Do Health Apps Work? New Research Shows They Might Do More Harm Than Good
Got health issues? There's an app for that... but buyer beware, because as it turns out, many health apps don't work, according to new research. Science has confirmed reasonable people's nagging suspicion that smartphone apps just aren't going to transform your health: according to a suite of recent studies, health-related apps are at best very mildly effective and, at worst, actively dangerous.
Researchers at the IMS Institute for Healthcare Informatics found that less than half of the 40,000 health apps available in 2013 on the Apple iTunes app store actually have anything to do with treating users. Instead, it reported that most of these health-related apps "have both limited and simple functionality," providing information that merely gives users an illusion of treatment. Knowledge may be power, but only when it's put to good, individualized use. An app that just links you to nutrition labels and reports the same data about exercise calorie counts that you could have Googled yourself just isn't going to change your life.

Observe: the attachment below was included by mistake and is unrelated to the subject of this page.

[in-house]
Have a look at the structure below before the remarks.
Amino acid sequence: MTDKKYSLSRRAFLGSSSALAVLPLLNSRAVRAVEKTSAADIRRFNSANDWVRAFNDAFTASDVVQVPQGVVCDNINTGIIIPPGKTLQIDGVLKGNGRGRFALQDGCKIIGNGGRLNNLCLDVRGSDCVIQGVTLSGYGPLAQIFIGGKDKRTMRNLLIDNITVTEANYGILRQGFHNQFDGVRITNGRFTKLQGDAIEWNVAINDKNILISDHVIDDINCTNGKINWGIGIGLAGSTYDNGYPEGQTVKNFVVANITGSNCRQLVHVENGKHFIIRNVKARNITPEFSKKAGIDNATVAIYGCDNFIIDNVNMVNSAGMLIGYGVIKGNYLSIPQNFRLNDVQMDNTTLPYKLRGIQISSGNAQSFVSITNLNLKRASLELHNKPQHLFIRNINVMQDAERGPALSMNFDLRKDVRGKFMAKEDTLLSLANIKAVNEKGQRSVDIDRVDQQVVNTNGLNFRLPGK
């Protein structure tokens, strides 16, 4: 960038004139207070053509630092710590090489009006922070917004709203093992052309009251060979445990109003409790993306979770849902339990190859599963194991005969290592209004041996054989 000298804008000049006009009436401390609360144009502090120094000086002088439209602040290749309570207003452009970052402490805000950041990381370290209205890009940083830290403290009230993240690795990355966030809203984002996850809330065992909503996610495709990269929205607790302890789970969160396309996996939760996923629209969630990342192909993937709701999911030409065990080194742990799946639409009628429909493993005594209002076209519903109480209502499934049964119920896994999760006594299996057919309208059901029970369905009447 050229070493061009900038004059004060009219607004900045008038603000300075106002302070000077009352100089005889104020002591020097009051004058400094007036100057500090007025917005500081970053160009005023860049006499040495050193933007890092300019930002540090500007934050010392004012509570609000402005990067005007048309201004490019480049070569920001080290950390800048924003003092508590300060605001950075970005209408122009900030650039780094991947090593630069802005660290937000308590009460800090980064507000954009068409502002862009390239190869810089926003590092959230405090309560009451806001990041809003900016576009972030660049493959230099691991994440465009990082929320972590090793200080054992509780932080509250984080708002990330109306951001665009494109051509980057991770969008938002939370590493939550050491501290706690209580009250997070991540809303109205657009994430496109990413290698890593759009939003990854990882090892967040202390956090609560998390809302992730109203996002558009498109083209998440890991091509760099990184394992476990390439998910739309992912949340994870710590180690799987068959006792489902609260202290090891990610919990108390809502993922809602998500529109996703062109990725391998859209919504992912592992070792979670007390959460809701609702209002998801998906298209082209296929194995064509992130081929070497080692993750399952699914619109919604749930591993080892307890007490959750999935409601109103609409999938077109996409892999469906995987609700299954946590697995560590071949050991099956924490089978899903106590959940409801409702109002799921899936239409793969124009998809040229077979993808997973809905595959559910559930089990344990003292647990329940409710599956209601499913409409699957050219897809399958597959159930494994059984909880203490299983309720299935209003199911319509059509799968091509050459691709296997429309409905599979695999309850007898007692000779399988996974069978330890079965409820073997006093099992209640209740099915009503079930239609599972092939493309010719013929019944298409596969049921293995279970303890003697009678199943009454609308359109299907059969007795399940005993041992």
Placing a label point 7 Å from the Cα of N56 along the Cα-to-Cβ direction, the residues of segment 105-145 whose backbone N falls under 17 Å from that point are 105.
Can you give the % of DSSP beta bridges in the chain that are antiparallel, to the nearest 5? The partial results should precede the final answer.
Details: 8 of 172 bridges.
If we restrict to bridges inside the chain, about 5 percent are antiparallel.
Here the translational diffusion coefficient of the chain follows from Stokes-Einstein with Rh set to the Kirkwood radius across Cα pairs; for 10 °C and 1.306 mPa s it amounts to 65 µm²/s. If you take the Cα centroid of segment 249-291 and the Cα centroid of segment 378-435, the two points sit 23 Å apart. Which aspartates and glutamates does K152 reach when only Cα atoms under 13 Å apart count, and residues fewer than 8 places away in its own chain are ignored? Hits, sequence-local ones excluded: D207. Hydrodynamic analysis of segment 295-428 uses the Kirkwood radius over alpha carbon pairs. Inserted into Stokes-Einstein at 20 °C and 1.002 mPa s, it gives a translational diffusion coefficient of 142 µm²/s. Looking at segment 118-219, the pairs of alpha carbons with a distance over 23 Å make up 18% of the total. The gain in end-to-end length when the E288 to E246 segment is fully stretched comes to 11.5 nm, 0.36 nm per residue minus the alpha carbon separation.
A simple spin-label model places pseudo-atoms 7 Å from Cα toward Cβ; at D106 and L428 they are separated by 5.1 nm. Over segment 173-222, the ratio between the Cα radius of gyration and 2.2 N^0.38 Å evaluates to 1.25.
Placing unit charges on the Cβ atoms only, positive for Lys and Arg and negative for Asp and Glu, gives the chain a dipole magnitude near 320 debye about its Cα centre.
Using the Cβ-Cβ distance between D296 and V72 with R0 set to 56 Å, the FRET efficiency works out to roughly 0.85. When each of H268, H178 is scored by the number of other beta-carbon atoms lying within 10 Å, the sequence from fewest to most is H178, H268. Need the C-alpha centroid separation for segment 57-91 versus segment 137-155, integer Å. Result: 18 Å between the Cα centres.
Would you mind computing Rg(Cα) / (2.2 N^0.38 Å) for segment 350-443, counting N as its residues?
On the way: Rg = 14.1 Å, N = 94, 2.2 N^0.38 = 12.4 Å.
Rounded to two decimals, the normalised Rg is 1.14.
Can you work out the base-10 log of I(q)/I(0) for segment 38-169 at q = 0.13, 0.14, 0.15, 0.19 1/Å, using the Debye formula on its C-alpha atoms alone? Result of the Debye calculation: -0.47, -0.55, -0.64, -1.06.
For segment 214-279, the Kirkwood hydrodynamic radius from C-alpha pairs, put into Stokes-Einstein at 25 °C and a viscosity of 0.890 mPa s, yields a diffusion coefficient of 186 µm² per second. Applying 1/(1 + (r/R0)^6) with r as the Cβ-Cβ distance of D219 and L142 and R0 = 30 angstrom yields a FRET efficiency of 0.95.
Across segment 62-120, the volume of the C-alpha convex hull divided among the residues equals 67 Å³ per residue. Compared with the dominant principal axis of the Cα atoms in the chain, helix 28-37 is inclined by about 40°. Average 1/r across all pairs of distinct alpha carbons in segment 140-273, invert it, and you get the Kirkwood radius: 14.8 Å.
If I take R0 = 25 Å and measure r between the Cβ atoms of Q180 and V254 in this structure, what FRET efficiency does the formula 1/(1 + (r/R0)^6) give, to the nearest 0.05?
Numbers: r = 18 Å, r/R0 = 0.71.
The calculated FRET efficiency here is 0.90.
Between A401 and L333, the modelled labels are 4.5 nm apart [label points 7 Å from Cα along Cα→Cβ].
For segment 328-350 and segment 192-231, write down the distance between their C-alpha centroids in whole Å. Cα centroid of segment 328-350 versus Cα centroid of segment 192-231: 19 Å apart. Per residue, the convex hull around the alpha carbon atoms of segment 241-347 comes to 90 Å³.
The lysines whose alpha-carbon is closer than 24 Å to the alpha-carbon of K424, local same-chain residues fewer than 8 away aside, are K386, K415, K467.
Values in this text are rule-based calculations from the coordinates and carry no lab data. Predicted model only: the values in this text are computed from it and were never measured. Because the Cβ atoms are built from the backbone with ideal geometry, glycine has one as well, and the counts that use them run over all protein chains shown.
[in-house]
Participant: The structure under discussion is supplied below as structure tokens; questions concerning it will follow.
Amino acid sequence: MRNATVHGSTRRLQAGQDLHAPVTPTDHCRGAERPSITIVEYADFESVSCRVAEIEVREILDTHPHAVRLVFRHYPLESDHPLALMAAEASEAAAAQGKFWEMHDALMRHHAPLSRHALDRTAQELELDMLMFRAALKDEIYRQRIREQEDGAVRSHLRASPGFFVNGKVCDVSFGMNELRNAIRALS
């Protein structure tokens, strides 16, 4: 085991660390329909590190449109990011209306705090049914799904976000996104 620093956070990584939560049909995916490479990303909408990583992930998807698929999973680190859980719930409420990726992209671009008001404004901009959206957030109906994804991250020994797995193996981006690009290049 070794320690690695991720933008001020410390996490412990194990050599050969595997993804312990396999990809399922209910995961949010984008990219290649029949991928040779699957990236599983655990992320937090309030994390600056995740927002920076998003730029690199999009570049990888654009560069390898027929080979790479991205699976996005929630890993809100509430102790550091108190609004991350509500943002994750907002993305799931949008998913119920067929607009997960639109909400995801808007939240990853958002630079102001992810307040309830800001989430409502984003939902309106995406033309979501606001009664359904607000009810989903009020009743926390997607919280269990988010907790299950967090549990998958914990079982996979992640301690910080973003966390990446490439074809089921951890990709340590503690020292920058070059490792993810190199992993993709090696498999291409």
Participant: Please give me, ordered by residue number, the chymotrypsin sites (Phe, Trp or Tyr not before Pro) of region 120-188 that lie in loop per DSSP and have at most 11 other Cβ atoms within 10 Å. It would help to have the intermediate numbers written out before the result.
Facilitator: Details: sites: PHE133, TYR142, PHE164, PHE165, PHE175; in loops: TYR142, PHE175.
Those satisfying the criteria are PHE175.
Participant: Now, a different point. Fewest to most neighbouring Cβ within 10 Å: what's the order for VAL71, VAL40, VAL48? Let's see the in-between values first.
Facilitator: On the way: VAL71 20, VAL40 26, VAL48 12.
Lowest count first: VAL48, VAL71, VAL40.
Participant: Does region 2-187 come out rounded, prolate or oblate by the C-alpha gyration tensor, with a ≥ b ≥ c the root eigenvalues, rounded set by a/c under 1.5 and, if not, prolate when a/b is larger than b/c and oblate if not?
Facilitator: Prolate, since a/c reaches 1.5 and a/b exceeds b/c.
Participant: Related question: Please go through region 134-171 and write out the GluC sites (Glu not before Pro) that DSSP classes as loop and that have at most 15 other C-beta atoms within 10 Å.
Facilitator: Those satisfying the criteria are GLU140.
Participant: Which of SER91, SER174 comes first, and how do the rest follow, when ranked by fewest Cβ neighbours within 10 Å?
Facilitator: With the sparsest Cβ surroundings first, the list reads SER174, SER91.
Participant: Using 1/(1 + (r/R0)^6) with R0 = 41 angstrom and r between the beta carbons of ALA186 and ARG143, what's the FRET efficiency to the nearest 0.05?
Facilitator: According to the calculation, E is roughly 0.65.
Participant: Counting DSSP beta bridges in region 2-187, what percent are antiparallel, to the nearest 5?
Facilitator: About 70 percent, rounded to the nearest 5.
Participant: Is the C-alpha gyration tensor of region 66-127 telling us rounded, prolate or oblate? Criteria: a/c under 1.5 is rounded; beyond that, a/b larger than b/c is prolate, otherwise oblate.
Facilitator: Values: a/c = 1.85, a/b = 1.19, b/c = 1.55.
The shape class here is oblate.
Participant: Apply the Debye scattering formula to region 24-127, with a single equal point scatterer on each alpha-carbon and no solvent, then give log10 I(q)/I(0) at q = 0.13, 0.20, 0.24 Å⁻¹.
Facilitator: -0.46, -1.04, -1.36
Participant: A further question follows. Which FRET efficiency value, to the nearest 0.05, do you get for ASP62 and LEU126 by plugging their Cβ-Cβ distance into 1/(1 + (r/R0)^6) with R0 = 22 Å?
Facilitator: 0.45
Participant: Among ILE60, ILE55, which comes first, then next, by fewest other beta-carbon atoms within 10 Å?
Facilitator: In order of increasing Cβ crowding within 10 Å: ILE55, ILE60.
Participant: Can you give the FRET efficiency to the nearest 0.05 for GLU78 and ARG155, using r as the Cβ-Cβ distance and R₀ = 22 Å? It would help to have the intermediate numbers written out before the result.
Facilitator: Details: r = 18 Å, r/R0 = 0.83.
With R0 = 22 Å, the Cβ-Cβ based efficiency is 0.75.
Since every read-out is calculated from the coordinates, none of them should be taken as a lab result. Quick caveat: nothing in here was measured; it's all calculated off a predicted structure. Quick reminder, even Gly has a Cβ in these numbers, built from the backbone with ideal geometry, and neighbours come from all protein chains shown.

Or take for example this hypnosis-based weight loss app, "Virtual Gastric Band." Nothing about staring at your phone, zoning out, and hoping you slim down from it is going to harm you. However, non-research-based apps like "Virtual Gastric Band" do swindle people out of their money, give them false hopes, and distract them from health interventions that are actually likely to work.
More alarmingly, skin cancer apps that claim to identify dangerous melanomas on the basis of user-submitted photos could really actively threaten your health. According to one JAMA Dermatology study:
"The performance of smartphone applications in assessing melanoma risk is highly variable, and 3 of 4 smartphone applications incorrectly classified 30% or more of melanomas as unconcerning."
This means people who actually have life-threatening cancer might fail to see a dermatologist because their phone told them it was fine. That's why the Food and Drug Administration's most recent guidelines focus on regulating apps that claim to diagnose specific conditions, or cause your phone to act as another kind of regulated medical device: these kinds of apps present immediate risks to their users (unlike your run-of-the-mill calorie-counting app).
Alternatively, it's been found that wearable health monitors, like FitBit and the about-to-be released Apple Watch, are much more promising than health apps, because these devices take into account actual data about the user's body and how it's performing. It's difficult or impossible to lie (or lie by omission) to your wearable health monitor, whereas it's super easy to misreport calories or number of minutes of exercise to your smartphone weight loss app. All the same, health tools — even high-tech, research-based ones — can only help you if you let them. We remain far away from having devices that shock you out of your desire to eat junk food or skip the gym, so willpower still matters.